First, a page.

I predicted in this column last week that the publication of the annual Gers figures would provoke a lively debate, and the events of the last seven days have done nothing to disprove that forecast. Both unionist and nationalist politicians and commentators have lined up to put their own spin on the annual statement of Scotland’s income and expenditure.
To deal with the facts first, the Gers figures showed that the Union is more valuable than ever to Scotland: worth nearly £2,000 in the past year for every man, woman and child here. They would mean that a stand-alone Scotland would have to fill a fiscal deficit of more than £15 billion just to stand still, meaning either substantial tax hikes, drastic spending cuts, or a cruel combination of both.
The figures also put Scotland’s deficit at 8.4 per cent of GDP, the highest in the EU, and well above the EU requirement for members to have a budget deficit below three per cent, according to the Stability and Growth Pact.
The figures for 2019-20 only tell part of the story. If we look at the entire period that the SNP have been in office since 2007, the cumulative fiscal transfer from the rest of the UK to Scotland amounts to a staggering £62.4 billion, more than the entire budget of the Scottish Government in one year.
Despite all this additional spending power, the Scottish economy continues to perform more poorly than that of the UK as a whole, Scottish education is sliding down international league tables, and Scottish local government has been starved of resources. This £62 billion “Britain Bonus” has been squandered by the SNP over 13 years.
Union Dividend worth £1,941 per person
The latest nationalist response to Gers seems to be to dismiss the value of fiscal transfers entirely. The former SNP MSP Andrew Wilson, who now seems to fill the role of the last standing Scottish Government economic guru, condemned fiscal transfers as locking in structural inequality, and ensuring that poorer parts of the country stay poorer.
This is an extraordinary take for anyone with a background in economics, and suggests an argument that has been developed in response to the otherwise unanswerable Gers dilemma for nationalists, rather than a credible proposition. Yet Wilson’s comments were enthusiastically endorsed by the SNP’s Finance Secretary Kate Forbes.
The flaws in Wilson’s argument are not hard to spot. The “Union Dividend” disclosed in the Gers figures, worth £1,941 for every person in Scotland in the year 2019-20, is not predominantly the product of lower economic growth in Scotland.
Only £308 of the total is made up by relatively lower tax revenues here compared to the UK average. Some £1,633 of the total – 84 per cent – comes from the fact that public spending per person in Scotland is substantially higher than the UK average. So even if Scotland did match UK output and tax revenues, we would still see a fiscal deficit in excess of £12 billion.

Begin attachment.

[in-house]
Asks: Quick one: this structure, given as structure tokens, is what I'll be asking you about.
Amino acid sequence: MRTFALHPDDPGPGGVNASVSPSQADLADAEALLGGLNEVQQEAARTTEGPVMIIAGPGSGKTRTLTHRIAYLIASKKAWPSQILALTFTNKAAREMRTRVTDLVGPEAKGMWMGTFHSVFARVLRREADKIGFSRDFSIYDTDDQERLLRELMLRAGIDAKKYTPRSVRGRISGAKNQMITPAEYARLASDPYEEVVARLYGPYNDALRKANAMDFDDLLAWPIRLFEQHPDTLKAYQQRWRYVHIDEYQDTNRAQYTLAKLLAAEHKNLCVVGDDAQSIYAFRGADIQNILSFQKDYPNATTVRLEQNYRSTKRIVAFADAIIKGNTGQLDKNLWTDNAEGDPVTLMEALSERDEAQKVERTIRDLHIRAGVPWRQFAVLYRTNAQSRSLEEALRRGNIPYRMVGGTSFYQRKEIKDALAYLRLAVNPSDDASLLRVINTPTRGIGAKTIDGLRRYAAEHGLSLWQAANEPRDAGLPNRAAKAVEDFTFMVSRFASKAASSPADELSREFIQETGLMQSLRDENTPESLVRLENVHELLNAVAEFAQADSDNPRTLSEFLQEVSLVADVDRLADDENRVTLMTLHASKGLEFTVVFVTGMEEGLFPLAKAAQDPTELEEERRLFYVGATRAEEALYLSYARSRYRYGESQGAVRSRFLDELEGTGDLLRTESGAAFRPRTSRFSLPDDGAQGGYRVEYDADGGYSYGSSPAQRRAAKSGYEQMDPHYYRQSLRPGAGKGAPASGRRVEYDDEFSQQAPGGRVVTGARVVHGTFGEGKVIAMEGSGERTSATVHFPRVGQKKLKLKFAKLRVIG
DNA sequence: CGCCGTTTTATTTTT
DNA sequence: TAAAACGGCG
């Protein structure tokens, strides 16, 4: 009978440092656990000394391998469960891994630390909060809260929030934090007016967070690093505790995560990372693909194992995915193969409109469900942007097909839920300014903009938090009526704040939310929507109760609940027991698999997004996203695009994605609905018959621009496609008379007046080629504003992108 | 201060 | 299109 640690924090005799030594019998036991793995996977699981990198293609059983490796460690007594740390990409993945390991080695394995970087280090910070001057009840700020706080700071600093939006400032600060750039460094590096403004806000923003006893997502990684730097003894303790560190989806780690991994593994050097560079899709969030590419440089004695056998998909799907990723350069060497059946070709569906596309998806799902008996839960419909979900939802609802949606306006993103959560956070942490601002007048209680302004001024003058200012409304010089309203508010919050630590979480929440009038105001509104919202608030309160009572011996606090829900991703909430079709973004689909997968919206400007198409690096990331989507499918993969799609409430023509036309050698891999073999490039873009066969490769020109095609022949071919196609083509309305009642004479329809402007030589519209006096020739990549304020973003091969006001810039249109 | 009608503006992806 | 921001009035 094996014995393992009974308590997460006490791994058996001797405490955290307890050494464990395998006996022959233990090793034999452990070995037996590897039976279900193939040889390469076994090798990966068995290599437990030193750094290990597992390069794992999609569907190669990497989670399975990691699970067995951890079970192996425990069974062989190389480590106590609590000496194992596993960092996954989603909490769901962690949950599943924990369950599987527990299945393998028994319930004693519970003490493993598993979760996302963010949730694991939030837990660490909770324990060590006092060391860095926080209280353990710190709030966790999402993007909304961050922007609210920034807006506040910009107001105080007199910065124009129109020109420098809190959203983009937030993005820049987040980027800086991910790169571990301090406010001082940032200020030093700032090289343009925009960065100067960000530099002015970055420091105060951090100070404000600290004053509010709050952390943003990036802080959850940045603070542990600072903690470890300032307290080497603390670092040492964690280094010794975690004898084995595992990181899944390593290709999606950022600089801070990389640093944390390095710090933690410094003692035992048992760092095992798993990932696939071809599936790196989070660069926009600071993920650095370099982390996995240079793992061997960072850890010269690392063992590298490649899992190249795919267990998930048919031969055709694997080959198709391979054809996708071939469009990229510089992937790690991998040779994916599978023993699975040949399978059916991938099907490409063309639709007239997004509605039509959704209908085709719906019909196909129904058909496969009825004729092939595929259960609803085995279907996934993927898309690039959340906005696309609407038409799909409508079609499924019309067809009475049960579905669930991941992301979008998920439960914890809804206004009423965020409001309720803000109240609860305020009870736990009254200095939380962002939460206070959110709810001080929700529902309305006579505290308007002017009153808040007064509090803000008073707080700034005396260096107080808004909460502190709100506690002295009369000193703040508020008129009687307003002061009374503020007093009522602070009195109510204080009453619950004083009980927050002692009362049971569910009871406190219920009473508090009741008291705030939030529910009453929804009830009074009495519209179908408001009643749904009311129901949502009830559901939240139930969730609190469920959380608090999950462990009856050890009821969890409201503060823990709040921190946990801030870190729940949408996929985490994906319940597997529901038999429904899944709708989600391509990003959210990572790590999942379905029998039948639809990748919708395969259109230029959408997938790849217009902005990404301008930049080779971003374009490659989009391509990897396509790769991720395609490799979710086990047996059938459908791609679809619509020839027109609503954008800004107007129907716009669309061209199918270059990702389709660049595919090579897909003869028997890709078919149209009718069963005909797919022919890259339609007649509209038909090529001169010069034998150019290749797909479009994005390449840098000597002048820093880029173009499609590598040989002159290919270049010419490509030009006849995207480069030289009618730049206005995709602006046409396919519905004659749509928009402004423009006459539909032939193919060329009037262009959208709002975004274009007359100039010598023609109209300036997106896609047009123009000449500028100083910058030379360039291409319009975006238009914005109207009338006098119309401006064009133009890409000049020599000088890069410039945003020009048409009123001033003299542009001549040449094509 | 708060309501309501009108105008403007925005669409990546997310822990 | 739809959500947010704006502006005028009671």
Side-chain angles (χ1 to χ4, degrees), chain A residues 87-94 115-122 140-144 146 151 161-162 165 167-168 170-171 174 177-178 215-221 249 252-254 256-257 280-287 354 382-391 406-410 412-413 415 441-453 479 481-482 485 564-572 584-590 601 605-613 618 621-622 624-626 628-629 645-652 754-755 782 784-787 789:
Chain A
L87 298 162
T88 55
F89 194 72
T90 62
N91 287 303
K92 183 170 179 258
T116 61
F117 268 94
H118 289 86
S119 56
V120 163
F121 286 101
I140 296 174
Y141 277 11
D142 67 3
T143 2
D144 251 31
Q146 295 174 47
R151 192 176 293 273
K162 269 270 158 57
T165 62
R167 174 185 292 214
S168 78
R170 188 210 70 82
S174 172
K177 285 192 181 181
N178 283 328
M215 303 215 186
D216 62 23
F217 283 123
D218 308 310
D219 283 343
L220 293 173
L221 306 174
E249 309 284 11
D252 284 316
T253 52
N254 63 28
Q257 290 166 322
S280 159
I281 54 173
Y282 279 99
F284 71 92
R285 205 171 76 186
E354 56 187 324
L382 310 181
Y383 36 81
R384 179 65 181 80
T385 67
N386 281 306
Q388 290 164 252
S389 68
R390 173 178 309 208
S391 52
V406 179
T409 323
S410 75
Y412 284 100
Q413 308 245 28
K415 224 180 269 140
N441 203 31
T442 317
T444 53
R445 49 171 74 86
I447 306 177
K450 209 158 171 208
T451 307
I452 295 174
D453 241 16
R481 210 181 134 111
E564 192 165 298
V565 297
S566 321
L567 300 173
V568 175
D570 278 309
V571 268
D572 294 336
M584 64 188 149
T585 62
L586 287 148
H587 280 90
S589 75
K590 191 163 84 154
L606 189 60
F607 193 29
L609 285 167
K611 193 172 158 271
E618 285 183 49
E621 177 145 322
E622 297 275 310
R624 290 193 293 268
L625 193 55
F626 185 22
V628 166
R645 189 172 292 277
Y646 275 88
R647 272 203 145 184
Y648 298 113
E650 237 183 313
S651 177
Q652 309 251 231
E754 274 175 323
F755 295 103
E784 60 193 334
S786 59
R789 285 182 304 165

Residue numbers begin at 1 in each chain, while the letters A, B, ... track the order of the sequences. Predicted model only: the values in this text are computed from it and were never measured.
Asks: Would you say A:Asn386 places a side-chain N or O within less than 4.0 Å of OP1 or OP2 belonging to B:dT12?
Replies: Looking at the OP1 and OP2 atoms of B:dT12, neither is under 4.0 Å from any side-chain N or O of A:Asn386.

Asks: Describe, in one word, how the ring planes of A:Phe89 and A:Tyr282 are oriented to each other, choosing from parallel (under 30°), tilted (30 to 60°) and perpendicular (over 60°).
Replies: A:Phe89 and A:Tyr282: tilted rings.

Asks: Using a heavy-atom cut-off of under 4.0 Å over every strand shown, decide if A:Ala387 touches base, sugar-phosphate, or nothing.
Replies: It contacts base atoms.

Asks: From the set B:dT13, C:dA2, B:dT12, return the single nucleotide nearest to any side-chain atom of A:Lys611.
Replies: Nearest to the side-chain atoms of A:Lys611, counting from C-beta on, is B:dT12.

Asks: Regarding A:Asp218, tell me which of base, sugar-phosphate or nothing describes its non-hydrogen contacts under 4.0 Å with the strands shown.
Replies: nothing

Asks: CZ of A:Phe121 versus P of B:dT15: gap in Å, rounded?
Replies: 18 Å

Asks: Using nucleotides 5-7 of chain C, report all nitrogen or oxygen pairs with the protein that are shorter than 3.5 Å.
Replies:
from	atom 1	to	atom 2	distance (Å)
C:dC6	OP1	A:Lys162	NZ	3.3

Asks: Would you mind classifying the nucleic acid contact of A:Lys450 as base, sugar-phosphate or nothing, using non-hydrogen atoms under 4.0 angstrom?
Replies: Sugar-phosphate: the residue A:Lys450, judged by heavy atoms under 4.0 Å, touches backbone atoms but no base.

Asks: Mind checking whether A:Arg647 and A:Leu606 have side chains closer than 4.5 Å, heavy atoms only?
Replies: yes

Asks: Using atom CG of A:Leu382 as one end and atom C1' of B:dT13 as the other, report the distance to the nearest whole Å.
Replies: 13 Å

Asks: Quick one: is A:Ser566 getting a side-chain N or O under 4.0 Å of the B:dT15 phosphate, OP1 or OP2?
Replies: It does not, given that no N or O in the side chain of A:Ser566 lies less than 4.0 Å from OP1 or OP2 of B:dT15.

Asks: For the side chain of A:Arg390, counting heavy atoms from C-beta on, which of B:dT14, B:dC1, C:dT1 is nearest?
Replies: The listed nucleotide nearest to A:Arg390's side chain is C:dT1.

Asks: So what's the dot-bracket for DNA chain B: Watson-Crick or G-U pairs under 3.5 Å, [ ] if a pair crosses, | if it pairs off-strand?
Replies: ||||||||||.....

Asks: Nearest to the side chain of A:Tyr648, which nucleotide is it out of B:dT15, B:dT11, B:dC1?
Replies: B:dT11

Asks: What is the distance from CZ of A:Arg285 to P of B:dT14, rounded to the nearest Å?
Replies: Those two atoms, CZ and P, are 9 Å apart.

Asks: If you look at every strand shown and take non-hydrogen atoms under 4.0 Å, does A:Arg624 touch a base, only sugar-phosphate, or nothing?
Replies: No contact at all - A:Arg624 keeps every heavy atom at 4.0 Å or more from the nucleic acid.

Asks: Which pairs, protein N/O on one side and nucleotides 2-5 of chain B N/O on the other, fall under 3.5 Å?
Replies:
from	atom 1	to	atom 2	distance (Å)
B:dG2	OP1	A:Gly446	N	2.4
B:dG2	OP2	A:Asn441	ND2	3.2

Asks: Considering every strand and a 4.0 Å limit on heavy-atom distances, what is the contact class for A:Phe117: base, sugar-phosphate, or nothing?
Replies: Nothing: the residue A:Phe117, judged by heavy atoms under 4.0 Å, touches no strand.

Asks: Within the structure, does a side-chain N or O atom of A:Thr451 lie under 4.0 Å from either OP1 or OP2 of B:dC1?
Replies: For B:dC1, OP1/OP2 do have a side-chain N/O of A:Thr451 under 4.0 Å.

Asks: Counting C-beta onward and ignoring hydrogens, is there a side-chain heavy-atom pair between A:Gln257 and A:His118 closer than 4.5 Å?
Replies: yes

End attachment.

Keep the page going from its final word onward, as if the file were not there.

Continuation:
More fundamentally, fiscal transfers are a feature of every developed economy. Federal countries like Australia formalise the position through the Australian Grants Commission, reallocating resources from economically stronger states to those where spending demands are higher. Fiscal transfers exist within the EU – not something the SNP ever seem to have objected to in the past.
Thus, countries with stronger economies like the UK and Germany have been net contributors to EU budgets in the past, whilst Mediterranean and Eastern European countries have been net beneficiaries. The whole basis of EU structure funds is to transfer resources from more successful areas to those with greater needs – a process that has been going on for decades without a peep in opposition from the nationalists.
‘Poorer parts stay poorer’?
We even see fiscal transfers within Scotland. Historically the North East contributed to higher tax revenues which were transferred to the Central Belt. The funding formulas that exist for allocation of resources both to local government and health boards are based on a wide range of factors, including demography and measures of deprivation. So, for example, a wealthier area such as East Renfrewshire is delivering fiscal transfers to more deprived areas such as East Ayrshire.
This has been happening under the SNP’s watch for some 13 years, without any suggestion that the formula should change.
Are they now going to change these calculations because it has been decided, after years of practice to the contrary, that pooling and sharing of resources “ensures that poorer parts stay poorer”, as Andrew Wilson put it?
I think we can conclude from all this that the nationalists’ sudden conversion to the notion that fiscal transfers are a bad idea is more down to their desperate need to have something to say to try and combat the message of the Gers figures, rather than a consistent and carefully considered economic position. In the panicked search for a soundbite, the woeful lack of understanding of economic reality within the SNP has been exposed.
It has long been my view that creating a separate Scotland is a bad idea for a variety of reasons, but I understand there are those who have a romantic attachment to the notion of Scottish independence. What the Gers figures have done, once again, is make clear that that separation would only come at massive cost to our economy and public services.
If nationalists want to start winning the economic arguments for separation, then they will have to work much harder than they have done over the past seven days.
Murdo Fraser is a Scottish Conservative MSP for Mid Scotland and Fife
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